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shogun

or shō·gun

[ shoh-guhn, -guhn ]
/ ˈʃoʊ gən, -gʌn /
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noun Japanese History.
the title applied to the chief military commanders from about the 8th century a.d. to the end of the 12th century, then applied to the hereditary officials who governed Japan, with the emperor as nominal ruler, until 1868, when the shogunate was terminated and the ruling power was returned to the emperor.

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Origin of shogun

1605–15; <Japanese shōgun, earlier shaũgun<Middle Chinese, equivalent, to Chinese jiāngjūn literally, lead the army

OTHER WORDS FROM shogun

sho·gun·al, adjective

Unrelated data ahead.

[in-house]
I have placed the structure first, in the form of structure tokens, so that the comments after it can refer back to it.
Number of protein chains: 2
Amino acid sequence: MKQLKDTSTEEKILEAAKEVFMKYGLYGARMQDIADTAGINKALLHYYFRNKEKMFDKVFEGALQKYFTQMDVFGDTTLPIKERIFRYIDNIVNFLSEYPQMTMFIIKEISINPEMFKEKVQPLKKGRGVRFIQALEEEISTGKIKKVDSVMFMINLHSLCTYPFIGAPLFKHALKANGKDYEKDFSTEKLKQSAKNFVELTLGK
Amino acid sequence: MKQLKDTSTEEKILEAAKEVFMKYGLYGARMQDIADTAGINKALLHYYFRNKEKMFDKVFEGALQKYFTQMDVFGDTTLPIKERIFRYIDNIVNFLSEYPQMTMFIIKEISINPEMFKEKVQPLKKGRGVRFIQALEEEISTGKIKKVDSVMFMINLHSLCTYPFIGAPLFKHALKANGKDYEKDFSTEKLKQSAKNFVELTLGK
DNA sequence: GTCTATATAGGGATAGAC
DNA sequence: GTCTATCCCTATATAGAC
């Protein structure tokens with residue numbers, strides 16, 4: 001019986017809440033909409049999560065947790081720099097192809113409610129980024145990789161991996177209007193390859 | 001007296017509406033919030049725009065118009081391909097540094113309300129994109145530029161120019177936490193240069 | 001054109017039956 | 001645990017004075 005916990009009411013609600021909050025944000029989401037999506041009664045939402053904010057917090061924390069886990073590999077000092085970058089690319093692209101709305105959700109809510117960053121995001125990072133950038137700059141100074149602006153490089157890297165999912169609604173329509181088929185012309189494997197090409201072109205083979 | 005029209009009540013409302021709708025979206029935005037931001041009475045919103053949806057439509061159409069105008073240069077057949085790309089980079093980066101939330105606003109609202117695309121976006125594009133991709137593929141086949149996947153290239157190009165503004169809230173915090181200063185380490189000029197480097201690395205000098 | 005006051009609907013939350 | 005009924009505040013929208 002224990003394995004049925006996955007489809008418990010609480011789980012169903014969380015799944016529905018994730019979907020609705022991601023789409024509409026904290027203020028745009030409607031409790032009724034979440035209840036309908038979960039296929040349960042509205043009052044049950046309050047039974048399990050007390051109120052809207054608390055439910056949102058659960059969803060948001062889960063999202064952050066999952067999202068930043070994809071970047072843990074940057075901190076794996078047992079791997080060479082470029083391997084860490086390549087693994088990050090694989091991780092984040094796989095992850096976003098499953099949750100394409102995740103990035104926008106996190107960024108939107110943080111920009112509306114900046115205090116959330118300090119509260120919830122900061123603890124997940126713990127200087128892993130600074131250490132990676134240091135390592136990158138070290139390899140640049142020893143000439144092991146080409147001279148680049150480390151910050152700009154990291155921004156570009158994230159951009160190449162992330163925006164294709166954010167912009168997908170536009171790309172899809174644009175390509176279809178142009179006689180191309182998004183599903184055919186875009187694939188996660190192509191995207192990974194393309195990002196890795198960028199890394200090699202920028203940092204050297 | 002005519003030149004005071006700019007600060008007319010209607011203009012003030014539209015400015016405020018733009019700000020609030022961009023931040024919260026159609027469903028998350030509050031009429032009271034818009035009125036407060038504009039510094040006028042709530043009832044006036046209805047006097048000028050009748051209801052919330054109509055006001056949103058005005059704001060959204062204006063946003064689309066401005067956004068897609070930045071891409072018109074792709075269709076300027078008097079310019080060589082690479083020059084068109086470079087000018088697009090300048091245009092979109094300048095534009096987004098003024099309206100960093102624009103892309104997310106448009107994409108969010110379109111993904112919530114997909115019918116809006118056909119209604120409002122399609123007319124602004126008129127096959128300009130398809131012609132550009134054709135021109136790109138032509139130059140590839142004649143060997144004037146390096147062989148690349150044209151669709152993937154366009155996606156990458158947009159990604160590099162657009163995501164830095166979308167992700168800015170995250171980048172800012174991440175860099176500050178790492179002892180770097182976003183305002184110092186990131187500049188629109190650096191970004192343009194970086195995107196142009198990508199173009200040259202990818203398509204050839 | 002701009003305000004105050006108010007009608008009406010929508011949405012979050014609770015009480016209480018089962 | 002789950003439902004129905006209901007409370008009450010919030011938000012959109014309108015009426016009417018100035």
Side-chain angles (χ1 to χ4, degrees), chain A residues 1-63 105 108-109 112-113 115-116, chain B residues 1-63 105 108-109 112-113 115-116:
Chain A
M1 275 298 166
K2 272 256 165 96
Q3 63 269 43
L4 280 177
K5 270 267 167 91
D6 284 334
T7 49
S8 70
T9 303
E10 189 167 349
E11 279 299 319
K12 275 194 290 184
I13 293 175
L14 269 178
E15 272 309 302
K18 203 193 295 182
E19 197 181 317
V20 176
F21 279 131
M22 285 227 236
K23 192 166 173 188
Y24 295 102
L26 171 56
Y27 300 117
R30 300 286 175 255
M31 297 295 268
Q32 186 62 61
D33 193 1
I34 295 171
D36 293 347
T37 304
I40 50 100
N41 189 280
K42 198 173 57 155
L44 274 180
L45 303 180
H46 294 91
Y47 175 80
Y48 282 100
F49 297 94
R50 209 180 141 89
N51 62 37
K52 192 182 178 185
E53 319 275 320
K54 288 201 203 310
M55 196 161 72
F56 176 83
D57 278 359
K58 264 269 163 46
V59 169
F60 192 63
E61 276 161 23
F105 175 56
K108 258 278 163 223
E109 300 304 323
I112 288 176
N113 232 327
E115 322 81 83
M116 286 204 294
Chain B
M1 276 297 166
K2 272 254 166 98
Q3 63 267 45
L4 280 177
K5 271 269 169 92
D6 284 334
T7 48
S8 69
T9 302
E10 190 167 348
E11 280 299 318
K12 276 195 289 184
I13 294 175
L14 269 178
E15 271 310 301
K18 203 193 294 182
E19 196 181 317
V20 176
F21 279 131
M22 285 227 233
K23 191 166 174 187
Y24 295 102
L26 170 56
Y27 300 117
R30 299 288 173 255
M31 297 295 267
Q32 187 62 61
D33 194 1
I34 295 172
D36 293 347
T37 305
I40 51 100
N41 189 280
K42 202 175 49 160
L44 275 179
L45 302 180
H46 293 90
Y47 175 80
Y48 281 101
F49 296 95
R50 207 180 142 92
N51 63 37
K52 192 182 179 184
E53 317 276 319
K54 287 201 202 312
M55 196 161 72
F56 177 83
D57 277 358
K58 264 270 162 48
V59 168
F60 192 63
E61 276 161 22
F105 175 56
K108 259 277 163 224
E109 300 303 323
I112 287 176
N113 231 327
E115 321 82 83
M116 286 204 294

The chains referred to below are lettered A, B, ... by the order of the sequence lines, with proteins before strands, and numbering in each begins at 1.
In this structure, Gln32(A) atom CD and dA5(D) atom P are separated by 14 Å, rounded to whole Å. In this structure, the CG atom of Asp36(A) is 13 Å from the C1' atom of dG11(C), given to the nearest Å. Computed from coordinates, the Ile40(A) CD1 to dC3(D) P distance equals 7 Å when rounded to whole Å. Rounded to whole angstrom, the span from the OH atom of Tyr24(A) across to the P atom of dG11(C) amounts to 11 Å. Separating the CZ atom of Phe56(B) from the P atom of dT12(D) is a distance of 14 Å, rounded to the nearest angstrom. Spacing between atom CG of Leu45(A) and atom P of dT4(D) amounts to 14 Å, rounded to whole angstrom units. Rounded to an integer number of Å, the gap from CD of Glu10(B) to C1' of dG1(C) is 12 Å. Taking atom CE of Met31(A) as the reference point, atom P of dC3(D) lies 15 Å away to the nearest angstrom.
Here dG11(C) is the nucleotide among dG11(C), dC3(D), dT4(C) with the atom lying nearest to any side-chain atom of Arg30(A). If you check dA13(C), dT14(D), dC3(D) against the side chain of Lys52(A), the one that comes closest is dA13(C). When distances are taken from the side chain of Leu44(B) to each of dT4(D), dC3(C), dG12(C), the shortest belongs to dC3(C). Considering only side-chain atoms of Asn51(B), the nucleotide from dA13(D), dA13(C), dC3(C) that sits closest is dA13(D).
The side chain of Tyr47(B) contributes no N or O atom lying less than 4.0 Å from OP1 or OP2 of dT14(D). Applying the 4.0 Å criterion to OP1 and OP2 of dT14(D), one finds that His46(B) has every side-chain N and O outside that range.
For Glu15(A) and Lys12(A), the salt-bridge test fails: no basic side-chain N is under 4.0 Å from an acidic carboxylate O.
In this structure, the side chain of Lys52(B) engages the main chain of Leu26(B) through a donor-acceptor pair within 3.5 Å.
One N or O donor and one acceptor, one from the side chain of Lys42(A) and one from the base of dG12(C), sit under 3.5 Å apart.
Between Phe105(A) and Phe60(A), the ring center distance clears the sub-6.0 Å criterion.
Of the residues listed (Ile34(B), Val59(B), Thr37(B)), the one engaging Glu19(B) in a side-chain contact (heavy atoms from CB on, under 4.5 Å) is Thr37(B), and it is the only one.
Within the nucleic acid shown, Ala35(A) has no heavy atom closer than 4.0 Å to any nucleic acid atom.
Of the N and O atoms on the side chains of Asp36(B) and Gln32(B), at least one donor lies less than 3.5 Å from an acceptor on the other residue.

Dictionary.com Unabridged Based on the Random House Unabridged Dictionary, © Random House, Inc. 2022

How to use shogun in a sentence

British Dictionary definitions for shogun

shogun
/ (ˈʃəʊˌɡuːn) /

noun Japanese history
(from 794 ad) a chief military commander
(from about 1192 to 1867) any of a line of hereditary military dictators who relegated the emperors to a position of purely theoretical supremacy

Derived forms of shogun

shogunal, adjective

Word Origin for shogun

C17: from Japanese, from Chinese chiang chün general, from chiang to lead + chün army
Collins English Dictionary - Complete & Unabridged 2012 Digital Edition © William Collins Sons & Co. Ltd. 1979, 1986 © HarperCollins Publishers 1998, 2000, 2003, 2005, 2006, 2007, 2009, 2012
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